With 1.2km to go Haber jumped off the front. He’d done the same repeatedly throughout the race, and I thought for a moment, “He may have what it takes to stay away.” I put in a little dig to chase him, then realized our pack was surging hard, and I could just sit in for the catch.
1km to go and it was getting wild near the front. Riders were flying off the front, but I was unable to grab their wheels, which left me just sitting in the wind. I drifted from 7th to 12th as we hit the pre-sprint kicker, and I was still holding onto my burrito, unable to figure out a good place to use it.
We begin the descent and I’m in 15th. I hit the burrito, hoping to slow those ahead of me and anyone coming through. I’m hammering away, but where are my watts? I’ve got nothing left. A pack of riders flies past. I cross the line in 25th, decidedly outgunned. That final minute was tough.
TeamNL’s “Harm Verhoeven” took the win. Well done, sir.
Watch the Race Recording
This was a fun race, even if I blew up at the end. The banter was on point, and the course kept things interesting with plenty of spots to rest, attack, and grab powerups.
Could I have raced it better? I’m not sure. I’ve won races on this course before where I contested every sprint – but those races were against a less competitive B field. It would be really interesting to attempt the same race, but just go for FAL sprint points instead of the overall.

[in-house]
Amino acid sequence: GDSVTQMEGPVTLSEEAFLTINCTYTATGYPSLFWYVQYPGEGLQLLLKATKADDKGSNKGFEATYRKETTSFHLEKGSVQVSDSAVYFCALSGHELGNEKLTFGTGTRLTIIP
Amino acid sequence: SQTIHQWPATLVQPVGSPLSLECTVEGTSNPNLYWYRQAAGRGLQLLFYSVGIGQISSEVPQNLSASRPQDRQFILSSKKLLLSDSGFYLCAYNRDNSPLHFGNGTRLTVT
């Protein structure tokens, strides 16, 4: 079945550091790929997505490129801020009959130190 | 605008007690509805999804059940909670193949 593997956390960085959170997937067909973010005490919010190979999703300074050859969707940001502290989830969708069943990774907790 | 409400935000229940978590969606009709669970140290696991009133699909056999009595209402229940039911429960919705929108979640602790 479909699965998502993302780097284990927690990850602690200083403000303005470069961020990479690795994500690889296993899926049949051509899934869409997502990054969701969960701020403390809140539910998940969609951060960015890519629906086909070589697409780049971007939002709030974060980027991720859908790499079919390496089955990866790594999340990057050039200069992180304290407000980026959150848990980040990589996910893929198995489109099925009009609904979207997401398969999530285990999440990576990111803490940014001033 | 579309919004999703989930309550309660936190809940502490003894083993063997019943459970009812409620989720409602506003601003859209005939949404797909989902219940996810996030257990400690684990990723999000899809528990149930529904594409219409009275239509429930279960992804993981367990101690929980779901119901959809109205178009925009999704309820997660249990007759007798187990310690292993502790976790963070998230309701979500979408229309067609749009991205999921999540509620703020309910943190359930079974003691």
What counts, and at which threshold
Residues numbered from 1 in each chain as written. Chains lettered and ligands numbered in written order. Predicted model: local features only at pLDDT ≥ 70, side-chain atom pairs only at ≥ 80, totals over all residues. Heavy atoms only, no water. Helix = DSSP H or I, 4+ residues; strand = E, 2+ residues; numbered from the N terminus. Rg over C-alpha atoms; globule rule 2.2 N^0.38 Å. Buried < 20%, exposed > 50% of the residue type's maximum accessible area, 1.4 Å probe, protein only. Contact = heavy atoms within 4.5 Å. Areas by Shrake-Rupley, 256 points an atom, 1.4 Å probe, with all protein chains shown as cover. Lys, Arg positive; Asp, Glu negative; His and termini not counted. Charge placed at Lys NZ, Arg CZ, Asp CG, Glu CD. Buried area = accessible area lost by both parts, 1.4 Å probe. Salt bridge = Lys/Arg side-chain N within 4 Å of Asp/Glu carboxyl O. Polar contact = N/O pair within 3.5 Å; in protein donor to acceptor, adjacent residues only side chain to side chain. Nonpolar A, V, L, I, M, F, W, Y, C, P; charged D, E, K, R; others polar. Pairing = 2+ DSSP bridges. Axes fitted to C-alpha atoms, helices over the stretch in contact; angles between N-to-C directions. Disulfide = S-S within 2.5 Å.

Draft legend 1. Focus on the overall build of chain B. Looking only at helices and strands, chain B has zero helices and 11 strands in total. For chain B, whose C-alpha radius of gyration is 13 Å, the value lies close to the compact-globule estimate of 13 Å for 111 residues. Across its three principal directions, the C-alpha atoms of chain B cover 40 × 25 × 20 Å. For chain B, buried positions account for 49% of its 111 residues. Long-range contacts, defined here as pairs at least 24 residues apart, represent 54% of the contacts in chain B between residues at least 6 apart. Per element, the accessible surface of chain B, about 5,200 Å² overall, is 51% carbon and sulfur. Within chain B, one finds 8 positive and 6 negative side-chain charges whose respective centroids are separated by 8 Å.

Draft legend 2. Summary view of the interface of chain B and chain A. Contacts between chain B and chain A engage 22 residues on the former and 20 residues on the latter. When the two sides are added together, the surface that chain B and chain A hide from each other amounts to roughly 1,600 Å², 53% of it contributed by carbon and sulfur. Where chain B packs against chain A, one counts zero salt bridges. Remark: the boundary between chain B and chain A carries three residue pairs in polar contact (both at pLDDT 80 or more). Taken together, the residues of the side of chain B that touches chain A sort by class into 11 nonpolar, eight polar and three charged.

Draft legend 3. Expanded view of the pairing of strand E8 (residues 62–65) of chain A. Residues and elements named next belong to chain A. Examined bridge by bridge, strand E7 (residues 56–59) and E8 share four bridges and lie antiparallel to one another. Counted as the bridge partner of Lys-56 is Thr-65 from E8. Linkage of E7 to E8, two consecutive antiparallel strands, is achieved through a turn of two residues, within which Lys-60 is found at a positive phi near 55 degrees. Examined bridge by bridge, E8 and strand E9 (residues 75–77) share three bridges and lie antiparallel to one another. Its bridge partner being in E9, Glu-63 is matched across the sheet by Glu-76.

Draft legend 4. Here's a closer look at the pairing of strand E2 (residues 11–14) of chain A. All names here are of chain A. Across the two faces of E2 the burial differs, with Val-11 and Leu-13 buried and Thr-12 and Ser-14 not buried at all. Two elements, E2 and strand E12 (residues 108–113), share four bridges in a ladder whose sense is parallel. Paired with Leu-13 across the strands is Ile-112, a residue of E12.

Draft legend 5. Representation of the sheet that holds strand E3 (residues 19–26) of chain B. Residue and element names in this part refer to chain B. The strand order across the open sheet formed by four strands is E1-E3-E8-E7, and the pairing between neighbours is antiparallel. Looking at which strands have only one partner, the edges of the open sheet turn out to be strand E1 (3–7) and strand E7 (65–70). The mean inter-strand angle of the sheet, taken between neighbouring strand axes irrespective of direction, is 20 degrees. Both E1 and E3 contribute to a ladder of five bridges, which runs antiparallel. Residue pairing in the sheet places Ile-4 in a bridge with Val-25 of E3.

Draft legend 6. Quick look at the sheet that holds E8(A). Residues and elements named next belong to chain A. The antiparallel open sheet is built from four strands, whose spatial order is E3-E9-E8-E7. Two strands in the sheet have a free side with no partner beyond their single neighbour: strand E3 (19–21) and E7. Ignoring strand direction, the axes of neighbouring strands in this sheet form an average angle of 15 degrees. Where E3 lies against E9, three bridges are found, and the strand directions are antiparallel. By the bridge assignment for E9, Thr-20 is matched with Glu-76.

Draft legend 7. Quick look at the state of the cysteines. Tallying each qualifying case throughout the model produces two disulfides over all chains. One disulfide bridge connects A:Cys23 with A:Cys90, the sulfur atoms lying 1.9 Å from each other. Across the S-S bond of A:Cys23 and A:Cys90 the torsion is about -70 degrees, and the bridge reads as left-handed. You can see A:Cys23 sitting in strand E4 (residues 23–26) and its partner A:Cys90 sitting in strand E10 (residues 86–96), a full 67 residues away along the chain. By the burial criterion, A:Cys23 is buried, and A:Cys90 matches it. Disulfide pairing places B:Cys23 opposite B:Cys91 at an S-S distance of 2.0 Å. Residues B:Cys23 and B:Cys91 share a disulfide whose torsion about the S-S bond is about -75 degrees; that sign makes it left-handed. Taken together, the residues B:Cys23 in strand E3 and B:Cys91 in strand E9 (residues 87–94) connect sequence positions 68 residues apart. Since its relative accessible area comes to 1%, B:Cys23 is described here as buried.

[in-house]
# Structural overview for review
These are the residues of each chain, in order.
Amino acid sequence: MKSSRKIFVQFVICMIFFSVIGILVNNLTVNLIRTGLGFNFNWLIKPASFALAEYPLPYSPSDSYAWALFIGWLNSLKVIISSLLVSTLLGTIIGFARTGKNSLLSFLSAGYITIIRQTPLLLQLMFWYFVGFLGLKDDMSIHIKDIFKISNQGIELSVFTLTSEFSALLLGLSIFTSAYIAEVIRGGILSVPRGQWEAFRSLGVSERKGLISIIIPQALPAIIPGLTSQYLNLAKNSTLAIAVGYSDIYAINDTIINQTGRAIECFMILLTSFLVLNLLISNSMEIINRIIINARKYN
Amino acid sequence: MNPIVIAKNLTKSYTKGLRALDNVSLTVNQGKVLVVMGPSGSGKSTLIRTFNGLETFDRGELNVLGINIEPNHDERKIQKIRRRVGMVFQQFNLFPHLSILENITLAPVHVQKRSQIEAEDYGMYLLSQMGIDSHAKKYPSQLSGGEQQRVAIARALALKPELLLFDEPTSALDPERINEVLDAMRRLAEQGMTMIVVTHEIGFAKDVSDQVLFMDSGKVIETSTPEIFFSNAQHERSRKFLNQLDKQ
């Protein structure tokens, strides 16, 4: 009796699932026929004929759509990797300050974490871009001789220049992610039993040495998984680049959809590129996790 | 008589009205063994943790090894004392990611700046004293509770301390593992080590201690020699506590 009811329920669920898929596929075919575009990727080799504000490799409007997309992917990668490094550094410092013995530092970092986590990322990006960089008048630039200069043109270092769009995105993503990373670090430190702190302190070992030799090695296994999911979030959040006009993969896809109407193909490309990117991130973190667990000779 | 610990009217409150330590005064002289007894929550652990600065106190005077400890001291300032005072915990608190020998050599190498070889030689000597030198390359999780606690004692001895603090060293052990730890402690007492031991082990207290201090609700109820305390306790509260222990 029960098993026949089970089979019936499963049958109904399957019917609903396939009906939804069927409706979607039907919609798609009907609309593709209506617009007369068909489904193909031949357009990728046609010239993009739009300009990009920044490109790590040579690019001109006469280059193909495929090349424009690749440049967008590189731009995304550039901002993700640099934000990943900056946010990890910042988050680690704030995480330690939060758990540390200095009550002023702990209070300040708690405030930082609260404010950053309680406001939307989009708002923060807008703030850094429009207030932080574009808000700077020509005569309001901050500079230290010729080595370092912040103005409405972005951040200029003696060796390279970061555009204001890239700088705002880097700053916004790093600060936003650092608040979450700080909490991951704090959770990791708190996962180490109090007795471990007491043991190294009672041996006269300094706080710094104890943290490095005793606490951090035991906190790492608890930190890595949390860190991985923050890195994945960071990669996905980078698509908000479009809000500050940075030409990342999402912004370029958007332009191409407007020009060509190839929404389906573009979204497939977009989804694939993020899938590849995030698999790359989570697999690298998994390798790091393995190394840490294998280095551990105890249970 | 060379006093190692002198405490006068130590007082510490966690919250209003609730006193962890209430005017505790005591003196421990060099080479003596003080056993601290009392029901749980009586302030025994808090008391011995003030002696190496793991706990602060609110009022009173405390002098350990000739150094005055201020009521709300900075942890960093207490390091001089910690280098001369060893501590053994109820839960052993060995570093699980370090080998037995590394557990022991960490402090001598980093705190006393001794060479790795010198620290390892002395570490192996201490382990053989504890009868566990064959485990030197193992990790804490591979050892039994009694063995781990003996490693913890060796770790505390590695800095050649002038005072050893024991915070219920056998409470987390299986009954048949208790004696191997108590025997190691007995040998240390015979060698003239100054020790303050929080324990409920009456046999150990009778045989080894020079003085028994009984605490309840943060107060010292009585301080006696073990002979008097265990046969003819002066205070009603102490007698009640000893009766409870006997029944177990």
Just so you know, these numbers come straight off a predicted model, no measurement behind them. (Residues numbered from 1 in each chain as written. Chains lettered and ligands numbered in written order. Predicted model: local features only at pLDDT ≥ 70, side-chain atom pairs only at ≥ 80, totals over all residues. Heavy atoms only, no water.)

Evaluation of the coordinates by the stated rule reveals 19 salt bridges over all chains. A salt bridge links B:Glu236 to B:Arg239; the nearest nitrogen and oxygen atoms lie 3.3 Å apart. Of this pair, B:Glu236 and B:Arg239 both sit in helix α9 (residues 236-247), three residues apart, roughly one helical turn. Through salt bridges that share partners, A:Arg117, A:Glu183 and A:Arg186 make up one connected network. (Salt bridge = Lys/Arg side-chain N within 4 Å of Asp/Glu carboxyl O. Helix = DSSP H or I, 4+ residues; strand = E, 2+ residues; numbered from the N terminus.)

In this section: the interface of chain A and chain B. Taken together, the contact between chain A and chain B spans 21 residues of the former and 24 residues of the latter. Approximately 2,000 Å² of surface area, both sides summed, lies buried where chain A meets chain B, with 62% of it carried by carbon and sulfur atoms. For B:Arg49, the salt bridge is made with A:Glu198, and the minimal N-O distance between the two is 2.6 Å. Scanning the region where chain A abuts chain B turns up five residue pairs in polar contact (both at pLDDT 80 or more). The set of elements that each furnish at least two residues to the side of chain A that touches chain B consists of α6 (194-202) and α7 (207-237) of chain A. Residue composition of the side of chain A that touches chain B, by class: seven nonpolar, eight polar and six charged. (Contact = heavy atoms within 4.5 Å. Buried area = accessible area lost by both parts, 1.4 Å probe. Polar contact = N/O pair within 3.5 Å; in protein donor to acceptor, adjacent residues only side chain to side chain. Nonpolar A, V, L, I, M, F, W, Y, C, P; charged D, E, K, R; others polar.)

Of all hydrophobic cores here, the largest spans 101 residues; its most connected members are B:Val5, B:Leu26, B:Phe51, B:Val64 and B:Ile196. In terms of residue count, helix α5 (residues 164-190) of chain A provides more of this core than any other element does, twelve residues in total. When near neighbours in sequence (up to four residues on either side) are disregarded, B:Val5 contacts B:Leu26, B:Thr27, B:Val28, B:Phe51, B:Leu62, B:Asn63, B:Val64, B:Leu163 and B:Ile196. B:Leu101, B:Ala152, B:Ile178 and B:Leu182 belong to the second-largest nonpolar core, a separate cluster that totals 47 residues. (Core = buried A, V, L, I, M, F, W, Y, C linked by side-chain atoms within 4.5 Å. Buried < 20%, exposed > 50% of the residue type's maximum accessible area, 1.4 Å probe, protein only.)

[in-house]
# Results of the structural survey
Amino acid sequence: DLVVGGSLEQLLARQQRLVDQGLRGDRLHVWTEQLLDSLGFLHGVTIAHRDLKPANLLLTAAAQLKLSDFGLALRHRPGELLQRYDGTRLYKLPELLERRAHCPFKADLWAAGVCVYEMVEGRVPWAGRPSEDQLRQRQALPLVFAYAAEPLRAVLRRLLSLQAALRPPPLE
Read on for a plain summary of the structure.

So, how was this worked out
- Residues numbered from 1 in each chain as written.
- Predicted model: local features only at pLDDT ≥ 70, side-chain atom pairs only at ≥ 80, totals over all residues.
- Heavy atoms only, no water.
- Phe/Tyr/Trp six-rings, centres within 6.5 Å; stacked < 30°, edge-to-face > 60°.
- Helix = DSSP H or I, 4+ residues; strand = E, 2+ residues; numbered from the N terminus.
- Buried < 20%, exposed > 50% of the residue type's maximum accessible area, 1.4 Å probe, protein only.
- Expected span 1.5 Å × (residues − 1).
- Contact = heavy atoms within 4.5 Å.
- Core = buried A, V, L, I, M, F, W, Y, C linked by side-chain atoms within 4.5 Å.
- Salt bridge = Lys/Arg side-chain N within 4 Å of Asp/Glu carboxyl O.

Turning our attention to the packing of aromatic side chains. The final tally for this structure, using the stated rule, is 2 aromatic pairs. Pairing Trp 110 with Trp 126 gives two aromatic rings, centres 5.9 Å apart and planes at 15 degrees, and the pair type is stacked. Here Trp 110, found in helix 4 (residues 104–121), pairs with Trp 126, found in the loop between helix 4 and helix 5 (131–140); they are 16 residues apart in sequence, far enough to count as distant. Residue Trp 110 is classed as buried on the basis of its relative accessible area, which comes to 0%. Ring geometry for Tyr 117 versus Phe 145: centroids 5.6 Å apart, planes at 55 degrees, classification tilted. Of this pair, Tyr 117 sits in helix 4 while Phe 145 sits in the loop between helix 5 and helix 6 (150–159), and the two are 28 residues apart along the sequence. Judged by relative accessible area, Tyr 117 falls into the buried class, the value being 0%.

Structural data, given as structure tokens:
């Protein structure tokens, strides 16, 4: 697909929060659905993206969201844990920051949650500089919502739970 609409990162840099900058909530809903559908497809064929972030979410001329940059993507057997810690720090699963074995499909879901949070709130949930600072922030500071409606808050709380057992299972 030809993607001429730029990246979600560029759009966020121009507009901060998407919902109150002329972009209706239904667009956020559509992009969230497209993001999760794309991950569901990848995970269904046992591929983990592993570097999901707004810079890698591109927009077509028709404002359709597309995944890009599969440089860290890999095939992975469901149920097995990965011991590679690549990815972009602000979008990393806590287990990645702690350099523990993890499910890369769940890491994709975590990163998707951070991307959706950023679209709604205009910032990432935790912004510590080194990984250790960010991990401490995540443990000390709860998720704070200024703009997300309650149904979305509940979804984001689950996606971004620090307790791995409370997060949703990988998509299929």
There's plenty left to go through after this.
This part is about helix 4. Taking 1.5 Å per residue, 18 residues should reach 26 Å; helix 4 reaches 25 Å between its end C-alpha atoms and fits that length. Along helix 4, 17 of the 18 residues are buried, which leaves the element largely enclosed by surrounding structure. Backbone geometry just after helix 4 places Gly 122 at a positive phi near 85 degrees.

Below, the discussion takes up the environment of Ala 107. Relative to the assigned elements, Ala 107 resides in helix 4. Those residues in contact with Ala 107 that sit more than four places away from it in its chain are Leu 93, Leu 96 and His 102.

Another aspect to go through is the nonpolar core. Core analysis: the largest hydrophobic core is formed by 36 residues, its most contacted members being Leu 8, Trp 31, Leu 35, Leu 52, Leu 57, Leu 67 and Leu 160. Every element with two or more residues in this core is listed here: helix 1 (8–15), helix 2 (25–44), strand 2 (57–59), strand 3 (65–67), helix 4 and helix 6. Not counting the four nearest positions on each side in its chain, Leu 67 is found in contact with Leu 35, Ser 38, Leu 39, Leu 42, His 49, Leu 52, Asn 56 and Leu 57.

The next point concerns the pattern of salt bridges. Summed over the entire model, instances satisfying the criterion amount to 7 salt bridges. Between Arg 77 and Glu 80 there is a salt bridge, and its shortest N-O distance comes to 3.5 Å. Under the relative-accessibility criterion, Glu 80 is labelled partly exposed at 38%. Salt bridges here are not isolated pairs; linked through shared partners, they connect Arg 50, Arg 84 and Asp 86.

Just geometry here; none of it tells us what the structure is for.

I could have ridden the last minute or two more efficiently, staying out of the wind and saving a few watts instead of thinking I was going to grab someone’s wheel and attack off the front. But without a useful powerup I was never going to get close to the podium, no matter what I did. (I did get a “Breakthrough” performance on XERT, so at least I know I went deep!)
In the end, this event embodied a lot of what I love about Zwift races: being pushed to my limits, enjoying fun banter with other riders, and having a bit of “Insider knowledge” that maybe, just maybe, gives me a slight edge.
Racing with a BMX Beast
Here’s a fun side-note: this was the first week where the women’s race (B category) started at the same time as the A’s, so we effectively raced together, with separate results.
I noticed just one B who was able to stay with the front group of A’s for the duration of the race: “A Verhaaren”. Not a familiar name to me, but it turns out Arielle Verhaaren hails from Williamsburg, Virginia and was selected to compete at the 2012 Olympic games until a crash during a training run hospitalized her and left her out of the team. She’s obviously still got it, finishing 9th overall!